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Stockpile Tracker
Modeling Method

 

 

 

 

 

 

 

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The software does not model the mound as a simple triangular prism shape (elongated pyramid). The shape of the floor and the action of the scraper(s) create irregularities. To capture this, the algorithm calculates detailed cross-sections that differ based on whether the mound has been scraped, the shape of the floor, and how scraping has affected the shape. The model consists of a series of one-meter-wide cross-sectional slices.

one-meter-wide cross-sectional slices
Figure 1 – Sketch of the one-meter-wide cross-sectional slices that form the model.

cross-section that has been scraped
Figure 2 – A cross-section that has been scraped, showing compacted material along the floor.

The figures above show how Stockpile Tracker calculates a complex shape for each cross-section, depending on the shape of the floor under the mound and how the upper parts have been scraped.

Since urea may compact over time, Stockpile Tracker can be configured to treat bottom material as compacted, off-spec and “Unusable.” The crosshatched regions in the above example represent off-spec, compacted urea that can’t be scraped and shipped. Users may configure a certain number of meters at each end of the mound floor as consisting of off-spec material too, since the material at the extreme ends of the warehouse may be difficult to ship and compact over time. The total amount of unusable tons is shown separately on the main display.

For areas of the mound that have been poured but not yet scraped, Stockpile Tracker takes into account the rounded top of the mound. It assumes a slightly flattened top for areas that have been poured but not yet scraped. This greatly reduces the size of the error introduced by the presence of the pile’s rounded crest (see figure below):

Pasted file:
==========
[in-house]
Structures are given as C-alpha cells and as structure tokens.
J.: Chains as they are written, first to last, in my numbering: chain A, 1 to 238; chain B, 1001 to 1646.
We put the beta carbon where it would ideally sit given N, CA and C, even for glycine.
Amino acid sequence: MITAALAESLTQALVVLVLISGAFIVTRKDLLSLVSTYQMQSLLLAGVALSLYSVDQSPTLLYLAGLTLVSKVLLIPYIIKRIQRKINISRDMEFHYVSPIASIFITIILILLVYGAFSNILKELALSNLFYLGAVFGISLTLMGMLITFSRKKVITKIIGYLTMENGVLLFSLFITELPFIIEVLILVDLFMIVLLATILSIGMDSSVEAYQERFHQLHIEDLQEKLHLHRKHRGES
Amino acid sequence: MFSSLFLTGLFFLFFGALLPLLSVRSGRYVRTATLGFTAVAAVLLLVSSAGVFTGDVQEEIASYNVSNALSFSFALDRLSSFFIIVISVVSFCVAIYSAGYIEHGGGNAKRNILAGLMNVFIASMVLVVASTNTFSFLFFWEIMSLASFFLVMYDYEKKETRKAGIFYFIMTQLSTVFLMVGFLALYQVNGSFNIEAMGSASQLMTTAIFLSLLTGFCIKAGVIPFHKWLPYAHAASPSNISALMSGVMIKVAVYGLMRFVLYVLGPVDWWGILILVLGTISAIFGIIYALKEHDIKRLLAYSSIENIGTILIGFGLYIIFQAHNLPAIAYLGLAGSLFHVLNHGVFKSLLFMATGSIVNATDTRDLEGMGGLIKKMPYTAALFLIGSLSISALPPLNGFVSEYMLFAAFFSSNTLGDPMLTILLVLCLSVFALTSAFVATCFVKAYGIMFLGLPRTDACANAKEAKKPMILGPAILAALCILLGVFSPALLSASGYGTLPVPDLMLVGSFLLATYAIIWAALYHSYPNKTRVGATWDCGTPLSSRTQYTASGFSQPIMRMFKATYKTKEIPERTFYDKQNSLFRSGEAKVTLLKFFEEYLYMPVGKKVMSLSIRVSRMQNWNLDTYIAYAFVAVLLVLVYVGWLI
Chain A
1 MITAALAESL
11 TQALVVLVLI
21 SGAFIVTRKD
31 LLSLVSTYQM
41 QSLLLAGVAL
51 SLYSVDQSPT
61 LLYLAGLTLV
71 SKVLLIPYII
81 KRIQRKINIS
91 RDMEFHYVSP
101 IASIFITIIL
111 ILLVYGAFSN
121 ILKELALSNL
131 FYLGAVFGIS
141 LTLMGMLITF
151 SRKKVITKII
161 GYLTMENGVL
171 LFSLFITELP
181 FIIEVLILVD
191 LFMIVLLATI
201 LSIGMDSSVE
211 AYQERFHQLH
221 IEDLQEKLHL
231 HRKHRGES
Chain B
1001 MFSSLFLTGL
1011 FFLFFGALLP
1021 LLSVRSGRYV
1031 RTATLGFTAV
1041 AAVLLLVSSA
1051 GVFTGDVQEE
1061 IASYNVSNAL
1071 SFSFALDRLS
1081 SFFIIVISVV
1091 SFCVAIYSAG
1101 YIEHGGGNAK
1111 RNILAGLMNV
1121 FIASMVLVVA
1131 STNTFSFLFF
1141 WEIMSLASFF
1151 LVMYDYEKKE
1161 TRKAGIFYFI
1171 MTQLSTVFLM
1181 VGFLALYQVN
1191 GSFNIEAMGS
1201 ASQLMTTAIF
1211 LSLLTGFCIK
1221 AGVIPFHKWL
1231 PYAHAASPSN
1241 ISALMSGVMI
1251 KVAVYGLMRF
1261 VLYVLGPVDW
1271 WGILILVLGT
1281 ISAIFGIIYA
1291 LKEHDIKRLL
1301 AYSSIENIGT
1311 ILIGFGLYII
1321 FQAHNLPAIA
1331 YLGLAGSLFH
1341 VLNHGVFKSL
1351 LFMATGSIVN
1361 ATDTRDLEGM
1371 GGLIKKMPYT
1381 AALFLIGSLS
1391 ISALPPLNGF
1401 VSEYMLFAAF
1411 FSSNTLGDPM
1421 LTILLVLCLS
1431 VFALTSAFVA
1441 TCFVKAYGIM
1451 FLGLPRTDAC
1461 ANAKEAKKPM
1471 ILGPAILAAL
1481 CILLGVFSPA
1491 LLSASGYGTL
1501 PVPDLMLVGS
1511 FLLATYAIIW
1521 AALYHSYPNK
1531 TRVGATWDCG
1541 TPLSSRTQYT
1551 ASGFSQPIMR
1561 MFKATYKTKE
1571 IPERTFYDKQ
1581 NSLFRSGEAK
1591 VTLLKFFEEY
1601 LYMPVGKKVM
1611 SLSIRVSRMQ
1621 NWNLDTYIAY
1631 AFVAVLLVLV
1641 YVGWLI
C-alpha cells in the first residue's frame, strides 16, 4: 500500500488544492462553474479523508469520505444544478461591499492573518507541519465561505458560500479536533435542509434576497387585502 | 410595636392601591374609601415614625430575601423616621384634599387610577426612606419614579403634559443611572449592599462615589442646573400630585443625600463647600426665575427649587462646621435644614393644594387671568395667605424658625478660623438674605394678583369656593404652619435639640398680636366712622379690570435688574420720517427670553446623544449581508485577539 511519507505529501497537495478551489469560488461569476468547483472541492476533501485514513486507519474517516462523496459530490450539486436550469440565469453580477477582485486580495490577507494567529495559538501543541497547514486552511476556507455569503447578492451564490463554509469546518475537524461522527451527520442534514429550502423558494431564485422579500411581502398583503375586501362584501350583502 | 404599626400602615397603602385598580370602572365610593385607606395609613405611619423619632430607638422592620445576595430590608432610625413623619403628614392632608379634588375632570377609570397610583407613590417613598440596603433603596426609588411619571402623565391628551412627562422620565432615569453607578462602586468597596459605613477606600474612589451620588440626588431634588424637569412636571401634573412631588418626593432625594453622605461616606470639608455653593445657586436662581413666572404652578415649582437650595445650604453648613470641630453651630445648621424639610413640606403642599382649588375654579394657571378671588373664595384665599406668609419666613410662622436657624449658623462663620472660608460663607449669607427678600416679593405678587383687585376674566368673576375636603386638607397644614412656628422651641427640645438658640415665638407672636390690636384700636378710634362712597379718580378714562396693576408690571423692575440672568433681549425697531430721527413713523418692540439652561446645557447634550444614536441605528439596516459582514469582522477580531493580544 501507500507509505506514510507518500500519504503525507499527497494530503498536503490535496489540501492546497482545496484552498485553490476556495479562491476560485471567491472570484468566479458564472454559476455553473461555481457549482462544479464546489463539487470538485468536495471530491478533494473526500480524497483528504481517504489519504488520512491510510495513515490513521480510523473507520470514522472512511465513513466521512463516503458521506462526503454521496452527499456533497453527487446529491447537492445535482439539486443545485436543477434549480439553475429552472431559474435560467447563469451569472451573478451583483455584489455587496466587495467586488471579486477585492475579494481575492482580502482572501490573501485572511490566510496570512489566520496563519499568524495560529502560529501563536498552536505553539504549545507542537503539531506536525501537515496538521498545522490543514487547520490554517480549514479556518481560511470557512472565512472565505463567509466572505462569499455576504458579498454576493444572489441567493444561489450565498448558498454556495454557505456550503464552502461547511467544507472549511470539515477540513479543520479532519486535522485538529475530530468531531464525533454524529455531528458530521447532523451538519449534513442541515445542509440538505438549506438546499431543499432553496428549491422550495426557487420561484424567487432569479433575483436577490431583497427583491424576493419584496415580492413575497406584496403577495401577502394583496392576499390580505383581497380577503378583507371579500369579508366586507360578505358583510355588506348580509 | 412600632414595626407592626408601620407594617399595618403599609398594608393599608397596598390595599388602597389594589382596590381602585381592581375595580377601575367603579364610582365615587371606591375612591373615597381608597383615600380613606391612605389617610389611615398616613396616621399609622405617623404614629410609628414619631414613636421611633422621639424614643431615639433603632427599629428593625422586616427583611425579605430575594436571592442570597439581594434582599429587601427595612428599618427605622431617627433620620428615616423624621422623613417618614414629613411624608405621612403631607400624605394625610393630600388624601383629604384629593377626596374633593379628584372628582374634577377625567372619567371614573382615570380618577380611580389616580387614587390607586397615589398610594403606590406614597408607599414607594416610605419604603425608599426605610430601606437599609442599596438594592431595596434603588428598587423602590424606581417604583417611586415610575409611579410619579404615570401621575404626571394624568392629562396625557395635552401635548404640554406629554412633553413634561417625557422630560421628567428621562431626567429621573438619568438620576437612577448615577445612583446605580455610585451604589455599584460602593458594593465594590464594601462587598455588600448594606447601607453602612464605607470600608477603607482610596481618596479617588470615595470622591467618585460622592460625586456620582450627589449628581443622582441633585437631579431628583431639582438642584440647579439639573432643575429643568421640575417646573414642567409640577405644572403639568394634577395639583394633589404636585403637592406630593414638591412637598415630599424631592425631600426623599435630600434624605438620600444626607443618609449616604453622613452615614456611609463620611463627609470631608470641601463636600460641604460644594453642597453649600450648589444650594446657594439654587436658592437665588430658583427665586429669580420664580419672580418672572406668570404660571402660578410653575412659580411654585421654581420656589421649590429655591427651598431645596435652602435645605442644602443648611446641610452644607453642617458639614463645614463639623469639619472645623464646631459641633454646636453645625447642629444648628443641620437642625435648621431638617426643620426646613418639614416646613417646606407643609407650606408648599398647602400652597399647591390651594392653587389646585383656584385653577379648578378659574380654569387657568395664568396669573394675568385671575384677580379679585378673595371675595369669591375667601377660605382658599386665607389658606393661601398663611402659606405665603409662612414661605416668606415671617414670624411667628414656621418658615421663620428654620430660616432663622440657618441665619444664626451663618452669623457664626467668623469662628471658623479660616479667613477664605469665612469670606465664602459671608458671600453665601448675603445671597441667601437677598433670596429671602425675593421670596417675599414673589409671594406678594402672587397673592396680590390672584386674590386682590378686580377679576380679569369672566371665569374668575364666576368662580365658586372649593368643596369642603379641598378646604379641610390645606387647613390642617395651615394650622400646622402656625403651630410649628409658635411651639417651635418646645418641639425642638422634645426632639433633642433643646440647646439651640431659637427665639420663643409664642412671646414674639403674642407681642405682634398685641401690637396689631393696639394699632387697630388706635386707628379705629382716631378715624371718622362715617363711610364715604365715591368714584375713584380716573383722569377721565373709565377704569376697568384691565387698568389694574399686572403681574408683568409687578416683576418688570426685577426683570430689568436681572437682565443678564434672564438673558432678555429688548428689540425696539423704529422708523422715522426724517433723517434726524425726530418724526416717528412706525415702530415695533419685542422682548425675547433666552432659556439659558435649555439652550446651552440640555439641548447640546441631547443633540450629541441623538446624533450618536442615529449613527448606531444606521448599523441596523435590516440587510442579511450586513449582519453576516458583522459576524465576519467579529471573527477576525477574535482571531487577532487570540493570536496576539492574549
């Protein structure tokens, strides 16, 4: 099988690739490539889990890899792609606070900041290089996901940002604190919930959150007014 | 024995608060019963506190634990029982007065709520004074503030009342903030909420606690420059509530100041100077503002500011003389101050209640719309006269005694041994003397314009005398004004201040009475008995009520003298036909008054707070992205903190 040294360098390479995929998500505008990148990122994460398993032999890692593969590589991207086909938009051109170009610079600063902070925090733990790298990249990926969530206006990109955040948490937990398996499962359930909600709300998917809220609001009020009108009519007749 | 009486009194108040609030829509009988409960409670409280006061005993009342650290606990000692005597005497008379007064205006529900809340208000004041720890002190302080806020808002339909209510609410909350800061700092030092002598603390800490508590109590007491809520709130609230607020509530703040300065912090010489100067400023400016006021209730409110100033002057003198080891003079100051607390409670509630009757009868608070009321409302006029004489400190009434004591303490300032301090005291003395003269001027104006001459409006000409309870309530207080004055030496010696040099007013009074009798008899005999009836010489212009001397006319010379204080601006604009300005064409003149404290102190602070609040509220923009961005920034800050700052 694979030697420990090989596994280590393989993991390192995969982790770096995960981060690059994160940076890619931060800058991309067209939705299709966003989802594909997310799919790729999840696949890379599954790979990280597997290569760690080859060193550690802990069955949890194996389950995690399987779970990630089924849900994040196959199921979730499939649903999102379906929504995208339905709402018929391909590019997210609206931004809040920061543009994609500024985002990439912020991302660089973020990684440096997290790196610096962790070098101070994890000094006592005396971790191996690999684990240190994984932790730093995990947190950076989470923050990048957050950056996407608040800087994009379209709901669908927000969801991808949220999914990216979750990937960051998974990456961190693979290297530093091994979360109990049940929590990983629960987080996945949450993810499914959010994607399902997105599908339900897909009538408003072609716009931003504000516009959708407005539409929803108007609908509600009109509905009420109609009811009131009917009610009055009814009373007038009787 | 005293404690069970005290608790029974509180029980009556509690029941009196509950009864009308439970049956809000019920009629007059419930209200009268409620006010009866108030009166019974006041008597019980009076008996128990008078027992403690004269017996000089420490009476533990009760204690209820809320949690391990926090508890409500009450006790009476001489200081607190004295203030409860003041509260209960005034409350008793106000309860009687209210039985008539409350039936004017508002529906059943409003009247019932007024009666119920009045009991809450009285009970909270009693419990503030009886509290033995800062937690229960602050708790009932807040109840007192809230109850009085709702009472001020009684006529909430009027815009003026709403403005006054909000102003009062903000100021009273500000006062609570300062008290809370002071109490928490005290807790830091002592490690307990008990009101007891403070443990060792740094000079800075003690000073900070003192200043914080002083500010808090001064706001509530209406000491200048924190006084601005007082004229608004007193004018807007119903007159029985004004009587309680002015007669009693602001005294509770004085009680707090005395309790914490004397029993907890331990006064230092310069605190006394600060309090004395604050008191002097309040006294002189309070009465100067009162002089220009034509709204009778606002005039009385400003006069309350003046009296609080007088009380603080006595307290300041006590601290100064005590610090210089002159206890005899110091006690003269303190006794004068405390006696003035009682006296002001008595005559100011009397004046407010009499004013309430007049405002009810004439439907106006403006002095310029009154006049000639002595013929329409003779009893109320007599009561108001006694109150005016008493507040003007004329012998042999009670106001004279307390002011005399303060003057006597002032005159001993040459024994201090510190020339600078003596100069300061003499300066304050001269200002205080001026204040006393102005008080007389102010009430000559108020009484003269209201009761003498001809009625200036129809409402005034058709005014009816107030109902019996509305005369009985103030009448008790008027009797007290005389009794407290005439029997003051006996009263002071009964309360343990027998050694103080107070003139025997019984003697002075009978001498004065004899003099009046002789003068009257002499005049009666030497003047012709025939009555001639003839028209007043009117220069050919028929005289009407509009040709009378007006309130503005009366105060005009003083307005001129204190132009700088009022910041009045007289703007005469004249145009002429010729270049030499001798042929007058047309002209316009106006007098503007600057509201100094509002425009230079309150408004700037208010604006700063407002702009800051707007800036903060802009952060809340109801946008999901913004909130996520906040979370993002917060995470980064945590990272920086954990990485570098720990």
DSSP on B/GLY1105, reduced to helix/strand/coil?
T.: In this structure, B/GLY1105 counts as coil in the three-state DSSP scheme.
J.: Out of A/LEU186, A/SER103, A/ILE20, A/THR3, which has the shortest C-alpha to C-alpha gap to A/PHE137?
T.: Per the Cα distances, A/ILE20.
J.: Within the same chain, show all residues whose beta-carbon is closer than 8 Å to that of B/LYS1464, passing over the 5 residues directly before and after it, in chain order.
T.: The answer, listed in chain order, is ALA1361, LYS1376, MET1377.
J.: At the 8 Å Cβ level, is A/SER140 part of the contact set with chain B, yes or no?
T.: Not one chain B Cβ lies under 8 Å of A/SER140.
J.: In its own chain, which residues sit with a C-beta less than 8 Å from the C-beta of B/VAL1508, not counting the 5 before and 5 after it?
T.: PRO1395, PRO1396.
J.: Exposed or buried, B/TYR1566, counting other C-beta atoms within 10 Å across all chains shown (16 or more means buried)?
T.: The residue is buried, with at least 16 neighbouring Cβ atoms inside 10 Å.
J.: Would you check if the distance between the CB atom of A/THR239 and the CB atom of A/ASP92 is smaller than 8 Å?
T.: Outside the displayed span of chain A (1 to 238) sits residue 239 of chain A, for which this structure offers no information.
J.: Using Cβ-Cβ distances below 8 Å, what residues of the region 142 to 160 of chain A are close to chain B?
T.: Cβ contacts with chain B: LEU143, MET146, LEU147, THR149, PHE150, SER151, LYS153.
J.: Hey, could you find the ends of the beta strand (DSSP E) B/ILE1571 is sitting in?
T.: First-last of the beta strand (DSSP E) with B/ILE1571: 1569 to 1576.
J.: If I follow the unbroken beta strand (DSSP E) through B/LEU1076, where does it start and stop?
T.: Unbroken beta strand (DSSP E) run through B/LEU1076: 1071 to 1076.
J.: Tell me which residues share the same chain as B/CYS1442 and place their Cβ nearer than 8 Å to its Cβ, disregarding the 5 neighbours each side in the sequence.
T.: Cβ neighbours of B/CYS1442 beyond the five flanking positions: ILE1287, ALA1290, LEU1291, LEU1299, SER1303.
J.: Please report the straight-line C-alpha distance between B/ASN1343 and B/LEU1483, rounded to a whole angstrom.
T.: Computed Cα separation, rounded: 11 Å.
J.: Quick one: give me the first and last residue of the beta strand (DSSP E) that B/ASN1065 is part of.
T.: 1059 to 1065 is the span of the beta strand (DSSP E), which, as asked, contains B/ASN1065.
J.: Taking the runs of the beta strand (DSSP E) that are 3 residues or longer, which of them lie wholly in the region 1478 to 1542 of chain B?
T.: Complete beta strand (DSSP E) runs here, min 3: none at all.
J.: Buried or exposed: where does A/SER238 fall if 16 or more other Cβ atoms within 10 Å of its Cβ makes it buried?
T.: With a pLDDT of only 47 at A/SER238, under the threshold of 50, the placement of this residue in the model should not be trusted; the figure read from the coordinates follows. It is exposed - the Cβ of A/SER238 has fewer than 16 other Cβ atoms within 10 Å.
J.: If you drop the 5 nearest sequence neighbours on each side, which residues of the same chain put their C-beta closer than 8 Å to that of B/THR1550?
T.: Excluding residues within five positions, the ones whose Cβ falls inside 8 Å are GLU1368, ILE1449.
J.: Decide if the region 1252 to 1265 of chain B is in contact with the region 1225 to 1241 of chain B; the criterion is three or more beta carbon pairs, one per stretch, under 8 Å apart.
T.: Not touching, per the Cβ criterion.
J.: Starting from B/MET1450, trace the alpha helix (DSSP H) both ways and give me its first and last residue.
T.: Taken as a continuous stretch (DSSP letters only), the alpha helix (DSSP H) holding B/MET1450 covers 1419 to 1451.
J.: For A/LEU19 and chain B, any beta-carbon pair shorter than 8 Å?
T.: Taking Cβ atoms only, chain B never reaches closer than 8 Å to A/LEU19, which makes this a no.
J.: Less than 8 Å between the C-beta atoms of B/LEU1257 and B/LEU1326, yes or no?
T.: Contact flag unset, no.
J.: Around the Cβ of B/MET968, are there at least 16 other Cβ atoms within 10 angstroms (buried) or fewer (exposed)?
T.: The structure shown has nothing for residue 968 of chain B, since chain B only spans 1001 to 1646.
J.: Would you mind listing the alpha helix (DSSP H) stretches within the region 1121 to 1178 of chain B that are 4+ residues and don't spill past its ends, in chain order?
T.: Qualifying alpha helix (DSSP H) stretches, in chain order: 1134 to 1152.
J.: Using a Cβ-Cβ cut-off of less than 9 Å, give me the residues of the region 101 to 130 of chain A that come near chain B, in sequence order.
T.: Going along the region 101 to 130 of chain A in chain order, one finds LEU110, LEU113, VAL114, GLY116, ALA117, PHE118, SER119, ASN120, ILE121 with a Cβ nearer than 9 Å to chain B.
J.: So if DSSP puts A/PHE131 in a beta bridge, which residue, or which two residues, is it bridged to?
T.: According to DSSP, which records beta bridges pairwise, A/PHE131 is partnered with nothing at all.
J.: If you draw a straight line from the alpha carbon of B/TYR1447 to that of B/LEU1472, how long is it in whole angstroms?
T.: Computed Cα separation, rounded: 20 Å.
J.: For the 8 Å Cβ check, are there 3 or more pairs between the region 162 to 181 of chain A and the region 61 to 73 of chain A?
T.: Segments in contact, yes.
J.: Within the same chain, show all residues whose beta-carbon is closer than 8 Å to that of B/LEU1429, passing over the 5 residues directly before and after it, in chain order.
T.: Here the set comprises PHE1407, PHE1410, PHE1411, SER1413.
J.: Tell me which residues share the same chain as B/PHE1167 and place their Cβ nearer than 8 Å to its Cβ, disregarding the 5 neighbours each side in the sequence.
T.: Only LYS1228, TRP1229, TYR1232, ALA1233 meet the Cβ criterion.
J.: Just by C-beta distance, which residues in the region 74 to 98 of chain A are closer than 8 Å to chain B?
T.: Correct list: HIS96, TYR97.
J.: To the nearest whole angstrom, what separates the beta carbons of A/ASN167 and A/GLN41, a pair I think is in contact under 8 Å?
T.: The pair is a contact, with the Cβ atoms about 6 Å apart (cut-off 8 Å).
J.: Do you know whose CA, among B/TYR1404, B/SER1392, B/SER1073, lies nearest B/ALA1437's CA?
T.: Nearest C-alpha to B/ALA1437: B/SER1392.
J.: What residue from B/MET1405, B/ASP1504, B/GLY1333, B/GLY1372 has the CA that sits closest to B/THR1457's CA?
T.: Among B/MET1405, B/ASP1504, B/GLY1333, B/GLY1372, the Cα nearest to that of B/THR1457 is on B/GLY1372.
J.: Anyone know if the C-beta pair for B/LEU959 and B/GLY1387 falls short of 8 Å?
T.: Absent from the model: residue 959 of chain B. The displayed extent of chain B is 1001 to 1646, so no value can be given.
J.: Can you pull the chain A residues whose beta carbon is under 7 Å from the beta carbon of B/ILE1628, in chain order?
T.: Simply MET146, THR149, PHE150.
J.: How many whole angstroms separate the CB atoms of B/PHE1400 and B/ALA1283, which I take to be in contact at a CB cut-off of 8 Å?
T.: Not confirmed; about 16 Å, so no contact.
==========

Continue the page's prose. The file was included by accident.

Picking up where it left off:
slightly flattened crest e
Figure 3 - Assuming a slightly flattened crest eliminates most of the error
caused by the curvature.

Stockpile Tracker, with appropriate tuning, can produce surprisingly accurate results. An early study found that, over several weeks, Stockpile Tracker’s estimate of produced granulated solid agreed to within 0.05% with the production as calculated by the customer’s technical department. Overall inventory should be calculable to within 2% of mound or warehouse capacity.

The model’s accuracy is limited by, among other things, the accuracy of the pile height sensor. Urea, in particular, creates a lot of dust. This can limit the choice of sensor technology (to ultrasonic sensors) and interfere with accuracy when the mound is low. Fortunately, a low mound is usually a temporary condition.

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